Compassion in the time of Coronavirus

In these unprecedented times, it is essential that health-workers around the world are supported and equipped to deal with the daily challenges they face, and those which are still to come, both professionally and personally, physically and emotionally. 

Since the onset of COVID-19, we have witnessed many acts of human kindness and compassion. Our new way of life has prompted the creation of new encounters that demonstrate the power of human compassion and shared experience. 

Compassion is something that is core business to the nursing and midwifery community. Our acute sense of empathy and deep desire to help others is often one of the forces that drives us towards these professions, and it guides our behaviour and the care we give through every moment of our careers. Since the onset of COVID-19, nurses and midwives around the world have stepped forward and willingly placed themselves in areas of support and care, standing together regardless of role, seniority or locality and ensuring that throughout the trauma of these difficult cases and high patient load, the patient retains their one important identity – their humanity, whilst also retaining their own. 

In spite of the multiple and heavy challenges of the coronavirus and the new physical restrictions we face, we are still managing to create connections through acts of kindness and compassion.  Whether through individual or collective acts, from local and international donation to volunteers supporting key workers, to the simple act of clapping as a community to show our support and respect for our frontline workers, people around the world have found new ways to show that they care.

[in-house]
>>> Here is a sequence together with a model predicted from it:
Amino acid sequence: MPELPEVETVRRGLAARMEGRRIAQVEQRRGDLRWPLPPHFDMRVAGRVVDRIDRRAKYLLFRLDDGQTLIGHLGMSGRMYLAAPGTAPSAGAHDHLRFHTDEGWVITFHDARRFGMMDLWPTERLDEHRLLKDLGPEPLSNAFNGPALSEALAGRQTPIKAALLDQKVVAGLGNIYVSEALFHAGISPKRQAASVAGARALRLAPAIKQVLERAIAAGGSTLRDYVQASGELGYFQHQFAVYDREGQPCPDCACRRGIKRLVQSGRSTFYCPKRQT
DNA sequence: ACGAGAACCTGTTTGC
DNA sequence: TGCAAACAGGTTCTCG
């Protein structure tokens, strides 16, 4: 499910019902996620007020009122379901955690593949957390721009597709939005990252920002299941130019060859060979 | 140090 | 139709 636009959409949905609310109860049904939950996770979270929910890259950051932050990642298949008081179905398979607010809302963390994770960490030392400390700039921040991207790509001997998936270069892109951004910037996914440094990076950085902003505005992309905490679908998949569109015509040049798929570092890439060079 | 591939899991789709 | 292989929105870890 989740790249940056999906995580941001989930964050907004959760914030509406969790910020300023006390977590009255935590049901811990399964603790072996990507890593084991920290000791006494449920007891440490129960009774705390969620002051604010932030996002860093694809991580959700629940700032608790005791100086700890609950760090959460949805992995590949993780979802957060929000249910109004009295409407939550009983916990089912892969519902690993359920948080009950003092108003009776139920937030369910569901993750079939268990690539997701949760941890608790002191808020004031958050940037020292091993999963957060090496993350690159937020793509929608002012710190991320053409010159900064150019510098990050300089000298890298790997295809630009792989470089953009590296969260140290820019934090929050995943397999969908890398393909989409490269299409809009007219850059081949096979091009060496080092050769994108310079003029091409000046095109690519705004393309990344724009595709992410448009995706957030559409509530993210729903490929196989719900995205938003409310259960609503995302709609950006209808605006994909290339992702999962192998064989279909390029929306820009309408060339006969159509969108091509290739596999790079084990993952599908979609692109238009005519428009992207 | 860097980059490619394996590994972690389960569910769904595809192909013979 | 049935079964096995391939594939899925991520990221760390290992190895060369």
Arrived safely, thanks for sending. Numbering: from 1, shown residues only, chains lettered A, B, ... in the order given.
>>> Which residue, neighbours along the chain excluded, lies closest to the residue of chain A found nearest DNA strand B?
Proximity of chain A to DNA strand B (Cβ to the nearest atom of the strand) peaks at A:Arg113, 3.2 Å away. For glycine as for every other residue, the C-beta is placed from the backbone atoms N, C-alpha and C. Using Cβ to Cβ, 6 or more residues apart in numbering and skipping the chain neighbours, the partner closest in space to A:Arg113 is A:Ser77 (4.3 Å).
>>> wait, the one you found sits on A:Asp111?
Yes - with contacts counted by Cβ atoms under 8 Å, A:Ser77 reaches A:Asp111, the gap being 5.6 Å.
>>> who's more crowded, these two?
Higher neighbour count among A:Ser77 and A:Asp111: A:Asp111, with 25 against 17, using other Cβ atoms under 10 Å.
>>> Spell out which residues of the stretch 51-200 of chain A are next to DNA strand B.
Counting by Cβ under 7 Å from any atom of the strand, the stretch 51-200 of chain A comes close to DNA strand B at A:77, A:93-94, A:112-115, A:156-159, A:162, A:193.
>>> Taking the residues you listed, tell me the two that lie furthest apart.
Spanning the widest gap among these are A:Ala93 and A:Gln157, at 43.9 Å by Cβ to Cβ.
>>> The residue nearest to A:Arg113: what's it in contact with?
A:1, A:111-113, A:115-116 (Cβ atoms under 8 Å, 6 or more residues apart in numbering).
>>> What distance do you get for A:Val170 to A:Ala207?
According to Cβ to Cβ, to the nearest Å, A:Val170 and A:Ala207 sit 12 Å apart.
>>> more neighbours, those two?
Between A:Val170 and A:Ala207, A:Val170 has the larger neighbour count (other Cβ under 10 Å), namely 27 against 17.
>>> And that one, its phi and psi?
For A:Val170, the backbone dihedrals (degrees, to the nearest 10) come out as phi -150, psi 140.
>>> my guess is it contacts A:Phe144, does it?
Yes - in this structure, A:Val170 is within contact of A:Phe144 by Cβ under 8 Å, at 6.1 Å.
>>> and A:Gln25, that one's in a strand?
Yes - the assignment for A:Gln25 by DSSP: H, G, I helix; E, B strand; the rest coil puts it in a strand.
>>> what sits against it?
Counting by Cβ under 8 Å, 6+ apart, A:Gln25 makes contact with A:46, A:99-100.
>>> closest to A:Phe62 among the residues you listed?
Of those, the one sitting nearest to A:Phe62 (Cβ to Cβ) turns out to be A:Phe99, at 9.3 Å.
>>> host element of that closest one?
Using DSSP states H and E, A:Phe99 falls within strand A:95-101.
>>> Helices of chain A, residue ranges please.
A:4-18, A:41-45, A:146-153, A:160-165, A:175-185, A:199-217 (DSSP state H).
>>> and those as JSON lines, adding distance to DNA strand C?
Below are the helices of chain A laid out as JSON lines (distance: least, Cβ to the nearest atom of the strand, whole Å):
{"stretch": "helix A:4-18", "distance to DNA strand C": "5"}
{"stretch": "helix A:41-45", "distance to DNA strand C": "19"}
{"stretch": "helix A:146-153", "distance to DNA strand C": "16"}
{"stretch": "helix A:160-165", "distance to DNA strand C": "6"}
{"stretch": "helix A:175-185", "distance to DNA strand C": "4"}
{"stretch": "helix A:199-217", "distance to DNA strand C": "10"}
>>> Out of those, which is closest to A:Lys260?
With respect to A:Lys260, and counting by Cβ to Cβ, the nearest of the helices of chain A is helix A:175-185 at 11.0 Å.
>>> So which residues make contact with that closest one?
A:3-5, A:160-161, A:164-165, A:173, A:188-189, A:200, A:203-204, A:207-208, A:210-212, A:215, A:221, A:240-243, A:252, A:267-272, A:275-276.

We know that the battle with this pandemic is likely to be long, and in order to protect the world’s populations, it is vital that we as health-workers show ourselves the same compassion we offer to our patients. To avoid burnout, to stay healthy in mind and body we must practice self-compassion, self-care. We all know the importance of putting on your own oxygen mask before helping anyone else, but how often do we as nurses and midwives take a minute to put this into practice? 

Over the coming months, Nursing Now will provide tools for the nursing and midwifery community, especially for Nightingale Challenge employers and participants, which aim to boost and support both physical and emotional well-being. From expert-led webinars on the art of self-compassion to providing access to poetry and expressions of support from around the world, we hope to use our global connections to fuel the collective response to COVID-19. For our efforts to be sustainable, it is now time that we show ourselves the same compassion that we offer to those in our care.